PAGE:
The Republic of the Marshall Islands is now home to the world’s largest shark sanctuary. The Nitijela, the Marshallese parliament, unanimously passed legislation last week that ends commercial fishing of sharks in all 1,990,530 square kilometers (768,547 square miles) of the central Pacific country’s waters, an ocean area four times the landmass of California.
Final Frontier: Newly Discovered species of New Guinea (1998 – 2008), a WWF study reports that 1,060 new species have been discovered the island of New Guinea from 1998 to 2008.
Conservation action involving several countries brings large scale benefits to nature and helps resolve social and political conflicts, a new IUCN (International Union for Conservation of Nature) publication shows.
Bird species in rainforest fragments in Brazil that were isolated by deforestation disappeared then reappeared over a quarter-century, according to research results published on June 22, 2011 in the journal PLoS (Public Library of Science) ONE.
Thousands of hectares of tropical dry forests in the Brazilian state of Minas Gerais are now safe from logging, thanks to scientists affiliated with a project called Tropi-Dry.
For the first time, scientists have mapped the genome--the genetic code--of orangutans. This new tool may be used to support efforts to maintain the genetic diversity of captive and wild orangutans.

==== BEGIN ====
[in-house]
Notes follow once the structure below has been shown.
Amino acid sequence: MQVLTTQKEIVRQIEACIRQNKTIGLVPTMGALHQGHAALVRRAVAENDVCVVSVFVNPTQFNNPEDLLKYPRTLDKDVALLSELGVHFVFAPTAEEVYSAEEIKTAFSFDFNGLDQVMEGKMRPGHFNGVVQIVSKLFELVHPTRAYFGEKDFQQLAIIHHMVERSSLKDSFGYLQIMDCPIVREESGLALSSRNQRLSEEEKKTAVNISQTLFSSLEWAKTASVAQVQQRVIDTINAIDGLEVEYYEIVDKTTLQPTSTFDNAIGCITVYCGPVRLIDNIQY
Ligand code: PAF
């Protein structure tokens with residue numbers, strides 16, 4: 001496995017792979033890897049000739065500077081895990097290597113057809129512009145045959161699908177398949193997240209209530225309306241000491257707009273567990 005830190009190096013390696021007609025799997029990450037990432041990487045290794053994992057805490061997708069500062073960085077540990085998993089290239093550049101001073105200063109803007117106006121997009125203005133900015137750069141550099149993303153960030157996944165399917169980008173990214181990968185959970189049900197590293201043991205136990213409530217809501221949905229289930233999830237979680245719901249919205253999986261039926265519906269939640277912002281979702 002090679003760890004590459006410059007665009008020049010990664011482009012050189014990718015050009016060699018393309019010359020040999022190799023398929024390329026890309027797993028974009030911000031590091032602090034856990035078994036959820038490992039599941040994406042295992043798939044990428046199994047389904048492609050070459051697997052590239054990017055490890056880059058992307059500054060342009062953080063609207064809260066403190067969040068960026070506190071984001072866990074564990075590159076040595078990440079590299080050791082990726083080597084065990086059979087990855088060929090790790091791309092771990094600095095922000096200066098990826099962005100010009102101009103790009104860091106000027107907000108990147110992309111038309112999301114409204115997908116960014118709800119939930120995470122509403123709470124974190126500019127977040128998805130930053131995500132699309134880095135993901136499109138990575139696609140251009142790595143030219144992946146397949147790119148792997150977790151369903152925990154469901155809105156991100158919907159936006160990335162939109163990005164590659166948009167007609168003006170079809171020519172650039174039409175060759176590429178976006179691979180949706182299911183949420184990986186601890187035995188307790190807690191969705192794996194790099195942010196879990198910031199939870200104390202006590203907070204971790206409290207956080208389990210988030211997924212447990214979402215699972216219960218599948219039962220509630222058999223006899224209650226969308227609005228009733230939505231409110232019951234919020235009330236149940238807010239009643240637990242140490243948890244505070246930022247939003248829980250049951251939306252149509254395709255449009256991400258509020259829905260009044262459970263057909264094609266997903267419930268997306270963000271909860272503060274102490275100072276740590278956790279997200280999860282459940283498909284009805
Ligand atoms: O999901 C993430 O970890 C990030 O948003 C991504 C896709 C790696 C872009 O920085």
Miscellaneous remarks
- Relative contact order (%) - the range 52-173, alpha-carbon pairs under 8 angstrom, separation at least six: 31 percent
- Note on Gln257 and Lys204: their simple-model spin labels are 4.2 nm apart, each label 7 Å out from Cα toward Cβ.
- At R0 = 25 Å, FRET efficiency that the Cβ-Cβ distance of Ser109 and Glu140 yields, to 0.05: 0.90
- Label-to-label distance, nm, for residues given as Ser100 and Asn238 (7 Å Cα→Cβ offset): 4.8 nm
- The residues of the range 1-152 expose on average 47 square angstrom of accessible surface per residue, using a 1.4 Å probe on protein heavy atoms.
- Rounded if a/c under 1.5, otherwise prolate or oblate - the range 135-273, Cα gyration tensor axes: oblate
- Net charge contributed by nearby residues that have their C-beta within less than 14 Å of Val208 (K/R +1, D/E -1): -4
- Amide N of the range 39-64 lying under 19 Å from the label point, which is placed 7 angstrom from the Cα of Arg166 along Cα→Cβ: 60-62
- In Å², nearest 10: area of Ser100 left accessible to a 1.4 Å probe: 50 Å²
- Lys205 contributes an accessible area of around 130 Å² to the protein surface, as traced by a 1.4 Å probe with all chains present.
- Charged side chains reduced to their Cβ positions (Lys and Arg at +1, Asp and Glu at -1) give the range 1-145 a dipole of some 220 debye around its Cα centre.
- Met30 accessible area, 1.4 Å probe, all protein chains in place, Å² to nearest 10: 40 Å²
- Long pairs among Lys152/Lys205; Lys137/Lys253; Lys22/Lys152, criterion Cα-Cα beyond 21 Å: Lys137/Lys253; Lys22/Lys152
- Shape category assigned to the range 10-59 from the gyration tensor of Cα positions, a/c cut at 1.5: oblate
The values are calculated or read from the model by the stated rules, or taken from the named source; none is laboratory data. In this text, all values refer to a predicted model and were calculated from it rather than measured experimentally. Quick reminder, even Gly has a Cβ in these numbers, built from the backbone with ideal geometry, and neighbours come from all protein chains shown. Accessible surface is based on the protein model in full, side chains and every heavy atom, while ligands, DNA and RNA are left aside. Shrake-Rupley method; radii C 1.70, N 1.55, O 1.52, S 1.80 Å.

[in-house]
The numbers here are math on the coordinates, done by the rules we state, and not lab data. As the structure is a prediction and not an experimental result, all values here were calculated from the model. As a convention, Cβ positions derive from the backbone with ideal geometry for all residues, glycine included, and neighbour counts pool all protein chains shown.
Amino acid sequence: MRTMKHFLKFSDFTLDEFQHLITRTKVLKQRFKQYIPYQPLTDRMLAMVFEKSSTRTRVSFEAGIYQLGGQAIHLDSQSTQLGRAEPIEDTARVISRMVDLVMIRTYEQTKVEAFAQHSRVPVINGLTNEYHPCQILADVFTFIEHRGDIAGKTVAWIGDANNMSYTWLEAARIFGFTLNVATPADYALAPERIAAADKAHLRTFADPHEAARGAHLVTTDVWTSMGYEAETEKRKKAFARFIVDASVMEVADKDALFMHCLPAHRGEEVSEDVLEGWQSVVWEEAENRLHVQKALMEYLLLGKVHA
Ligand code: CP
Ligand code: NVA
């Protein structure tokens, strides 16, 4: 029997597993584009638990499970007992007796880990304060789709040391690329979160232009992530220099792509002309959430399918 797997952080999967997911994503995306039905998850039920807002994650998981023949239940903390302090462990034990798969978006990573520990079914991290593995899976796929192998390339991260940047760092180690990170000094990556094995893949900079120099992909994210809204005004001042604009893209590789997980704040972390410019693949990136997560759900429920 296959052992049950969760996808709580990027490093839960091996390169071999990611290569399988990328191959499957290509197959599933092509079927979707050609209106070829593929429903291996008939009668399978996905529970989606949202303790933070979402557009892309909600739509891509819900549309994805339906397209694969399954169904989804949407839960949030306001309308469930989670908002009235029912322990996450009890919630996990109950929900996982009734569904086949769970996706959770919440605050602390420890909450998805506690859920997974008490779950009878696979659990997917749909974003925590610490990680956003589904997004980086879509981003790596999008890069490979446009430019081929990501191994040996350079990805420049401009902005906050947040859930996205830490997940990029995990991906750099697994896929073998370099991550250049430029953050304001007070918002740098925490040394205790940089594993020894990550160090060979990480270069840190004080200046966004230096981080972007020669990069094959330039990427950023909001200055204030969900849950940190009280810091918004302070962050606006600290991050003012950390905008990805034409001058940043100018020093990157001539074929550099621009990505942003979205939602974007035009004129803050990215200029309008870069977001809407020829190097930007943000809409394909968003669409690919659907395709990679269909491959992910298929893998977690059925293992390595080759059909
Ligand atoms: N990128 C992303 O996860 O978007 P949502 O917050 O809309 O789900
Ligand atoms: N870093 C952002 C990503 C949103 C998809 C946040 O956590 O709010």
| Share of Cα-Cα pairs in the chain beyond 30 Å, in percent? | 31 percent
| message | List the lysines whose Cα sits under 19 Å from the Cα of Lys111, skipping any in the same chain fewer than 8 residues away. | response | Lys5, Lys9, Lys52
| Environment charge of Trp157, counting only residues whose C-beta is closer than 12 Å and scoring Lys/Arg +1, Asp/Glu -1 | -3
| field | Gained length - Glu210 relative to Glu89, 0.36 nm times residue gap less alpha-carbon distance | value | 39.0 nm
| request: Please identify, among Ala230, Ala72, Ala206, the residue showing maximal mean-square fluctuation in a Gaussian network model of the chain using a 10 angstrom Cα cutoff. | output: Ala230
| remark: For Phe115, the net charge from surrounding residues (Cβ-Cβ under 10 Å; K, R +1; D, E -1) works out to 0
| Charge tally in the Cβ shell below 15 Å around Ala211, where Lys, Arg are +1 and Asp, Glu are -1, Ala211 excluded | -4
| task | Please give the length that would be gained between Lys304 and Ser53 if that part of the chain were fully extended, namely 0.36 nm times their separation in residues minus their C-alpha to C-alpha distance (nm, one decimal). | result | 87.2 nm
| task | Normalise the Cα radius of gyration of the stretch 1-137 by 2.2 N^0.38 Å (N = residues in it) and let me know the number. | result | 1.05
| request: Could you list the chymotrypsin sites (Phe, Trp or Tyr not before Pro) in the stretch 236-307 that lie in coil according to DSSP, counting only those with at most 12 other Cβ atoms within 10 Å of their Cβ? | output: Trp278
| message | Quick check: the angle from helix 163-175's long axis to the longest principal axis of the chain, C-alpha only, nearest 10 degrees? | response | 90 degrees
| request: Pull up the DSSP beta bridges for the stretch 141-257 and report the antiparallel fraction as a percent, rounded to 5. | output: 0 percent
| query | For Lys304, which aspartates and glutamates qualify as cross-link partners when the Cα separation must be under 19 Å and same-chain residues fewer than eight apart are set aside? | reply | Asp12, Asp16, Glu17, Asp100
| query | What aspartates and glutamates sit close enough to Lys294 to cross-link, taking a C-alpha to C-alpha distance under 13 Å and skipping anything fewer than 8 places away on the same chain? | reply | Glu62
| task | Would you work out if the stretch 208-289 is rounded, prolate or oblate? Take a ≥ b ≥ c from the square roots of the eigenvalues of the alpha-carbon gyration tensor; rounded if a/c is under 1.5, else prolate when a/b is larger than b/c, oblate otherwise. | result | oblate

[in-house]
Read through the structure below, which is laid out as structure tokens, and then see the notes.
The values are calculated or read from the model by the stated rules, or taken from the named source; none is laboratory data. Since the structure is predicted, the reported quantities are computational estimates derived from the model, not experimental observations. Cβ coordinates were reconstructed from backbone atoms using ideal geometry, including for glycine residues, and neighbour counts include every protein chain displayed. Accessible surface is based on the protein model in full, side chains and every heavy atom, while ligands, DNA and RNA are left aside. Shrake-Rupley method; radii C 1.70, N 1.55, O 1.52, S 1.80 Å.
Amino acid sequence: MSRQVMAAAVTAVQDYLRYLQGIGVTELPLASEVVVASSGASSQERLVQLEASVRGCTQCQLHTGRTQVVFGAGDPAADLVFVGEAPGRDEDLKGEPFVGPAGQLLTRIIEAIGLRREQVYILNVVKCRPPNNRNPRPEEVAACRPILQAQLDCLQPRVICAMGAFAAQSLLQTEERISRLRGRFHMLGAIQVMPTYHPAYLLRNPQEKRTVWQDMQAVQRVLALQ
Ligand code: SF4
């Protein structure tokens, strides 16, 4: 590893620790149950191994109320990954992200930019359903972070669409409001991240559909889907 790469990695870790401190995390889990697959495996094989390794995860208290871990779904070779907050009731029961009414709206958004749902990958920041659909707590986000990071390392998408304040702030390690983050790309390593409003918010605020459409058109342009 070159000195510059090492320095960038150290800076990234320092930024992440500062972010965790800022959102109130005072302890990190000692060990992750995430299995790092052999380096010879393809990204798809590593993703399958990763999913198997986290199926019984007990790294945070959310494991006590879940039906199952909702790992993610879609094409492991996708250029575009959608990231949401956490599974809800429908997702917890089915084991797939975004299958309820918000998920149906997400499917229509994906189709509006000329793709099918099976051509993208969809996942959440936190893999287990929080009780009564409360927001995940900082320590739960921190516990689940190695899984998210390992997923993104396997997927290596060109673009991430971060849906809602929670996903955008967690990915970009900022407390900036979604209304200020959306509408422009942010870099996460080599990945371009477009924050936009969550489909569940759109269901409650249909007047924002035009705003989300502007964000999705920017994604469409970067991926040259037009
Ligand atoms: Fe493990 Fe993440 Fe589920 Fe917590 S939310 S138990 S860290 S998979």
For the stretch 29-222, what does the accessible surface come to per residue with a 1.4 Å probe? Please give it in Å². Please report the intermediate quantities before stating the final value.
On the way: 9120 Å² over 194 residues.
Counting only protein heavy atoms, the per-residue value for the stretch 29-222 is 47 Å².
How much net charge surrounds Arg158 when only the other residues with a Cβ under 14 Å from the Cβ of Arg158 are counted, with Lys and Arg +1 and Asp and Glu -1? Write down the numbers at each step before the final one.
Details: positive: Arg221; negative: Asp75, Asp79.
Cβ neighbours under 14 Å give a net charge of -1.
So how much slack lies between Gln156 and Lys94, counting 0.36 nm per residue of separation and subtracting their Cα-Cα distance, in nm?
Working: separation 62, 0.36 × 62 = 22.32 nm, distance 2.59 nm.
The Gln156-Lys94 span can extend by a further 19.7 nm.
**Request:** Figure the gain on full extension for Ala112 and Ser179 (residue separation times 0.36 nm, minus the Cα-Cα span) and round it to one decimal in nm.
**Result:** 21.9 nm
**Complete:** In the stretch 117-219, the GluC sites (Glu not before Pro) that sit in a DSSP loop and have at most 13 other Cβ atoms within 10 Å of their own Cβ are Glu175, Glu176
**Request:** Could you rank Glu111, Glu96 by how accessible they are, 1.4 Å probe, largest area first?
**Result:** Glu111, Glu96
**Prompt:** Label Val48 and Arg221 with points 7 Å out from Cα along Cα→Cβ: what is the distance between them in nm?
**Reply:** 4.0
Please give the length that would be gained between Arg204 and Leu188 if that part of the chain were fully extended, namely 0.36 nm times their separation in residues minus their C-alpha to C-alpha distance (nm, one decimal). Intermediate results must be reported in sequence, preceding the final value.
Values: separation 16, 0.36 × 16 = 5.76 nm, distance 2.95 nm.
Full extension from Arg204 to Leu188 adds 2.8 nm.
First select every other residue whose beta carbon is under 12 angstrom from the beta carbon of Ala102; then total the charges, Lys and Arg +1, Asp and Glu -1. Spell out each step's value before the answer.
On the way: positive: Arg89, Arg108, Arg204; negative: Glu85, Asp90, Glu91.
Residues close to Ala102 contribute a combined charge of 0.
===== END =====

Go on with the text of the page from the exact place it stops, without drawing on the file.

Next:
"Turtle Positioning System" helps reptiles on fantastic voyage
The economic importance of the world's natural assets is now firmly on the political radar as a result of an international assessment showcasing the enormous economic value of forests, freshwater, soils and coral reefs, as well as the social and economic costs of their loss, was the conclusion of The Economics of Ecosystems and Biodiversity (TEEB) report launched on October 20, 2010 by TEEB study leader, Pavan Sukhdev.
After close to 20 years of discussion and debate, Governments from across the globe today agreed to a new treaty to manage the world’s economically-central genetic resources in a far fairer and more systematic way.
Dugongs are believed to have been at the origin of mermaid legends when spotted swimming in the water from a distance. Now the remaining populations of this seemingly clumsy sea mammal, commonly known as a sea cow, are at serious risk of becoming extinct within the next 40 years.